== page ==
We’re in need of another Socrates who will teach us once again that the way of wisdom starts with a deep awareness of our own ignorance. Of course, we’d kill him too, after a good skewering on Twitter, and probably without the dignity of hemlock. A posthumous skewering would follow, naturally, after the video of his death got passed around on Reddit and Youtube.

I don’t want to leave things on that cheery note, but the fact is that I don’t have a grand scheme for making online discourse civil, informed, and thoughtful. I’m pretty sure, though, that things will not simply work themselves out for the better without deliberate and sustained effort. Consider how W.H. Auden framed the difference between traditional cultures and modernity:

“The old pre-industrial community and culture are gone and cannot be brought back. Nor is it desirable that they should be. They were too unjust, too squalid, and too custom-bound. Virtues which were once nursed unconsciously by the forces of nature must now be recovered and fostered by a deliberate effort of the will and the intelligence. In the future, societies will not grow of themselves. They will be either made consciously or decay.”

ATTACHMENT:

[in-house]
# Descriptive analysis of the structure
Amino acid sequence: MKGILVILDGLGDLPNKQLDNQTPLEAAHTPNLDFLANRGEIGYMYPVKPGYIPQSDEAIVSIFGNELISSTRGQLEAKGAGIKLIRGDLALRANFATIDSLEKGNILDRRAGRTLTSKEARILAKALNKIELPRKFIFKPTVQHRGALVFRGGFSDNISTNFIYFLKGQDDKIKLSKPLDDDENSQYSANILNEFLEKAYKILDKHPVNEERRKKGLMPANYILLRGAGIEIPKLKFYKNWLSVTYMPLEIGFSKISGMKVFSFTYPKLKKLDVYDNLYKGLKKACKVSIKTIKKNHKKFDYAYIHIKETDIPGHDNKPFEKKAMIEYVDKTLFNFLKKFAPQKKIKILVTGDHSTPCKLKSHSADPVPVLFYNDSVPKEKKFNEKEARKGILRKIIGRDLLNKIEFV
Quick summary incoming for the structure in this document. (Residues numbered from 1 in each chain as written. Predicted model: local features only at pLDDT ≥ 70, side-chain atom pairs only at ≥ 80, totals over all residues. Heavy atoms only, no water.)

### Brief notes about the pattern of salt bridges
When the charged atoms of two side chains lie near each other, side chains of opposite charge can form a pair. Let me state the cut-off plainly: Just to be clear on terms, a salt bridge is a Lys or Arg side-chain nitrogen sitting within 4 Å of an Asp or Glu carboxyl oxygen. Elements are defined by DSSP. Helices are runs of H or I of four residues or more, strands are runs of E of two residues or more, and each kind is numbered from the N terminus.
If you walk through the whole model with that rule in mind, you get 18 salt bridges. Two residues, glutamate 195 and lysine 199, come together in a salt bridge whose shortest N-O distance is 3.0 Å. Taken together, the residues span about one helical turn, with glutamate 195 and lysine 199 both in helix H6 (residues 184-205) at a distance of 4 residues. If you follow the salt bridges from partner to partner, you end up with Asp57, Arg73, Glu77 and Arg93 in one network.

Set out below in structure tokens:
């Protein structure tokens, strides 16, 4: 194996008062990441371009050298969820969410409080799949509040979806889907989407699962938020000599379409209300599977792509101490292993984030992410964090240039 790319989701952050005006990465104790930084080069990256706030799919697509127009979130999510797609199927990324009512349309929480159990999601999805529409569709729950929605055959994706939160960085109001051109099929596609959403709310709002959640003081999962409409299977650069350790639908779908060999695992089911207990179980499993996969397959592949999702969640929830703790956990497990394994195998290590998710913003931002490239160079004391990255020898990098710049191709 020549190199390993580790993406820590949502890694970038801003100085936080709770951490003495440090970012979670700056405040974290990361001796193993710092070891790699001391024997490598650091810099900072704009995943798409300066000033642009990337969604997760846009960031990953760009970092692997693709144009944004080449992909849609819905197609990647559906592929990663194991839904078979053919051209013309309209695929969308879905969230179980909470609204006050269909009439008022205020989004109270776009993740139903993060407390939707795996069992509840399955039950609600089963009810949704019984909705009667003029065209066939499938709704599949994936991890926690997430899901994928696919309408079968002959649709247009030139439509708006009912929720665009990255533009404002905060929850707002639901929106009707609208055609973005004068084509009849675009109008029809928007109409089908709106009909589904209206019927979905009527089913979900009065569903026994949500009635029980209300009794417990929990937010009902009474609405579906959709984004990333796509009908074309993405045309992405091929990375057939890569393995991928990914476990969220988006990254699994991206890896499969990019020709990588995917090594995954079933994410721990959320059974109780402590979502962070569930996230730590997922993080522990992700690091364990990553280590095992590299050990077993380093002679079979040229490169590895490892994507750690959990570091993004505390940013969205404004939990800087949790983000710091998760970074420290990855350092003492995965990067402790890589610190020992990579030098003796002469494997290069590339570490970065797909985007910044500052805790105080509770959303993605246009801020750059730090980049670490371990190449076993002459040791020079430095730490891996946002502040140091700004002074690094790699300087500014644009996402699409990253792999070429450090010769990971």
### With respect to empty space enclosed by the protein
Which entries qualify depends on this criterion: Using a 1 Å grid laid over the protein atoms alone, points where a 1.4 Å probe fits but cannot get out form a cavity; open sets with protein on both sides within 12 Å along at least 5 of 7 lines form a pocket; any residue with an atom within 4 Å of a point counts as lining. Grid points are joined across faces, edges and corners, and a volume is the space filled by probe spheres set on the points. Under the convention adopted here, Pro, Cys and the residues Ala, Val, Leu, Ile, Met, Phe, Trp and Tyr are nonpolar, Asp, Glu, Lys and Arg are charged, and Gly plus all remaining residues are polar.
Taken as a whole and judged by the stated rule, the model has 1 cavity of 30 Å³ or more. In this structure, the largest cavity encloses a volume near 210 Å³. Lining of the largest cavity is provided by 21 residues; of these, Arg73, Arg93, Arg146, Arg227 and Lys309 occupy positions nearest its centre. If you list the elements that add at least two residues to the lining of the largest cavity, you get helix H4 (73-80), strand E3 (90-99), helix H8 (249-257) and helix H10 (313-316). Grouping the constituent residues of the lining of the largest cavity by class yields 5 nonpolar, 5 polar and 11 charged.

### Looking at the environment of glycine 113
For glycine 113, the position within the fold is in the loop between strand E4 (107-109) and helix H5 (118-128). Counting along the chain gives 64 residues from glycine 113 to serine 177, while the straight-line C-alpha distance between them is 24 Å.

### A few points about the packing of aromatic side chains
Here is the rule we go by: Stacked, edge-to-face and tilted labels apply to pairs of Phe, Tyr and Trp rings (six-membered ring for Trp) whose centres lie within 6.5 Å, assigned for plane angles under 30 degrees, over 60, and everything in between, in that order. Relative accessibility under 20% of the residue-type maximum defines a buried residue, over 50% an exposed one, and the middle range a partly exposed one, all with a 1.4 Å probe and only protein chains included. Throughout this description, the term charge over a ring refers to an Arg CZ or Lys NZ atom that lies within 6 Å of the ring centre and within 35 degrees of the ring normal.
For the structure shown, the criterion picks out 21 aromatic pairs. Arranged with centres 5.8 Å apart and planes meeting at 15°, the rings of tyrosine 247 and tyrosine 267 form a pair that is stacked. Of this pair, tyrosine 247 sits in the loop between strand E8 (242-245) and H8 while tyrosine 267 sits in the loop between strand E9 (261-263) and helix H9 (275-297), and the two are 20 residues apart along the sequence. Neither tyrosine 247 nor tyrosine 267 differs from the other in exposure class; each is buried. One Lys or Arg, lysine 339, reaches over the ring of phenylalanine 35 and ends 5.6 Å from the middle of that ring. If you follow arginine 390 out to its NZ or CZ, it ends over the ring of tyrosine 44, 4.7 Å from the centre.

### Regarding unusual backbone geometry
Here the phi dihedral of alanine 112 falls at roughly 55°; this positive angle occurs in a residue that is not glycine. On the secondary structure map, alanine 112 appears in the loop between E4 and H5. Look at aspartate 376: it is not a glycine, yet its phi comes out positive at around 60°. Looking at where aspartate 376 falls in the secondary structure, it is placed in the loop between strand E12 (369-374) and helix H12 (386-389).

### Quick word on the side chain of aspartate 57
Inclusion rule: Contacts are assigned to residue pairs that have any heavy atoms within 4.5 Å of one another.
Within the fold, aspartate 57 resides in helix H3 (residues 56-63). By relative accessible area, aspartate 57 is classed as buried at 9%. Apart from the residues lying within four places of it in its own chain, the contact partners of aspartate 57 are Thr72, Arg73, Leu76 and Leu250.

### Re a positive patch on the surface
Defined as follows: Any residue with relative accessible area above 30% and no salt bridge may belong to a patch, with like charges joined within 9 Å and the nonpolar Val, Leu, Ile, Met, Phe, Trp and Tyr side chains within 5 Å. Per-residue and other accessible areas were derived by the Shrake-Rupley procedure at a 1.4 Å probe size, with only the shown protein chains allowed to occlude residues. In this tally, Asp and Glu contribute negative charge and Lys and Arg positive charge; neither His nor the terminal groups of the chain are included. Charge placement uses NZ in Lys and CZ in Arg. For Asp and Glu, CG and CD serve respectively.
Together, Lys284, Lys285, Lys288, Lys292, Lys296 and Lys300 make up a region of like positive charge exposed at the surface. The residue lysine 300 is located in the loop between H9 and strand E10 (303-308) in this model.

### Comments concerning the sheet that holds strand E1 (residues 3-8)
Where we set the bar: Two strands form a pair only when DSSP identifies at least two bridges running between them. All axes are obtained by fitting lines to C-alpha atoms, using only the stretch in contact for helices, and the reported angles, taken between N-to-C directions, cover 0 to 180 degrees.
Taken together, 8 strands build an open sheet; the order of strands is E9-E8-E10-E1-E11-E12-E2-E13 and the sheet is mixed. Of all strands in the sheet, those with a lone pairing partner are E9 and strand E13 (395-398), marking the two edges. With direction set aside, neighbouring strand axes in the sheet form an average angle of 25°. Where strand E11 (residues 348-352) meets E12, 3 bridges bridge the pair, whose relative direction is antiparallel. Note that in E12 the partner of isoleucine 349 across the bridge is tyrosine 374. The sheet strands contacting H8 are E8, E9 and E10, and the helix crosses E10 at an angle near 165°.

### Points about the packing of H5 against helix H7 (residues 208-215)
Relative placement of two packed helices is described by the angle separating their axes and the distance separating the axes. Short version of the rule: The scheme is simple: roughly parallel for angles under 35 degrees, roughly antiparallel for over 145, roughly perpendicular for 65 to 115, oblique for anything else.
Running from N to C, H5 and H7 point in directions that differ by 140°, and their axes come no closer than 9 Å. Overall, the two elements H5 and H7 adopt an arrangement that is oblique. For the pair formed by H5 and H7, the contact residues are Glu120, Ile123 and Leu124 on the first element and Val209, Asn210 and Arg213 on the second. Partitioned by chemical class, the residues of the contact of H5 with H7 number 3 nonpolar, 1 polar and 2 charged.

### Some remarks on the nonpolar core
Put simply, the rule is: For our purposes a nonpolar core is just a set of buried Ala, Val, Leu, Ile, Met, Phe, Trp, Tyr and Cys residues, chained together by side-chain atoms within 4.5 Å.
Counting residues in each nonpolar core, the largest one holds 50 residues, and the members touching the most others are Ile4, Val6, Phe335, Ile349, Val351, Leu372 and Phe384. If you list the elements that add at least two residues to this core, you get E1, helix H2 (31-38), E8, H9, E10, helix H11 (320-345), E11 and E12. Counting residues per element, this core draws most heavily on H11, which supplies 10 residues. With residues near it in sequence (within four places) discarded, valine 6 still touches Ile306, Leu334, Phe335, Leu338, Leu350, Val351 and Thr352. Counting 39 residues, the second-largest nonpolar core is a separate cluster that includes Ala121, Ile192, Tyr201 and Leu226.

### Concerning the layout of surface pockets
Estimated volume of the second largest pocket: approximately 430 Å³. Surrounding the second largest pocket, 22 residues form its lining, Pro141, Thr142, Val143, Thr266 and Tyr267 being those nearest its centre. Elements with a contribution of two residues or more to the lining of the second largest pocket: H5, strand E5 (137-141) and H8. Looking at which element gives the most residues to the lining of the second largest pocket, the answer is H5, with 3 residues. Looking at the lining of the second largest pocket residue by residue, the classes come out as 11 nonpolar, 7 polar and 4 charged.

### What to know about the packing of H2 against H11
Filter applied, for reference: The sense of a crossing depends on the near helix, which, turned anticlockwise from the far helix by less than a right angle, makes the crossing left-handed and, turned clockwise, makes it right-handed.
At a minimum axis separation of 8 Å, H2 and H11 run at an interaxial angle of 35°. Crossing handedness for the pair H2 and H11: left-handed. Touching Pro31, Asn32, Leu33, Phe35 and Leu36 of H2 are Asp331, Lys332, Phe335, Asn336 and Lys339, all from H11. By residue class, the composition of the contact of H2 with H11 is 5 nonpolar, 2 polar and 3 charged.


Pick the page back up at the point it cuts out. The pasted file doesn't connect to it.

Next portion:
For better or worse, or more likely both, this is where we find ourselves–either we deploy deliberate effort of will and intelligence or face perpetual decay. Who knows, maybe the best we can do is to form and maintain enclaves of civility and thoughtfulness amid the rancor, communities of discourse where meaningful conversation can be cultivated. These would probably remain small communities, but their success would be no small thing.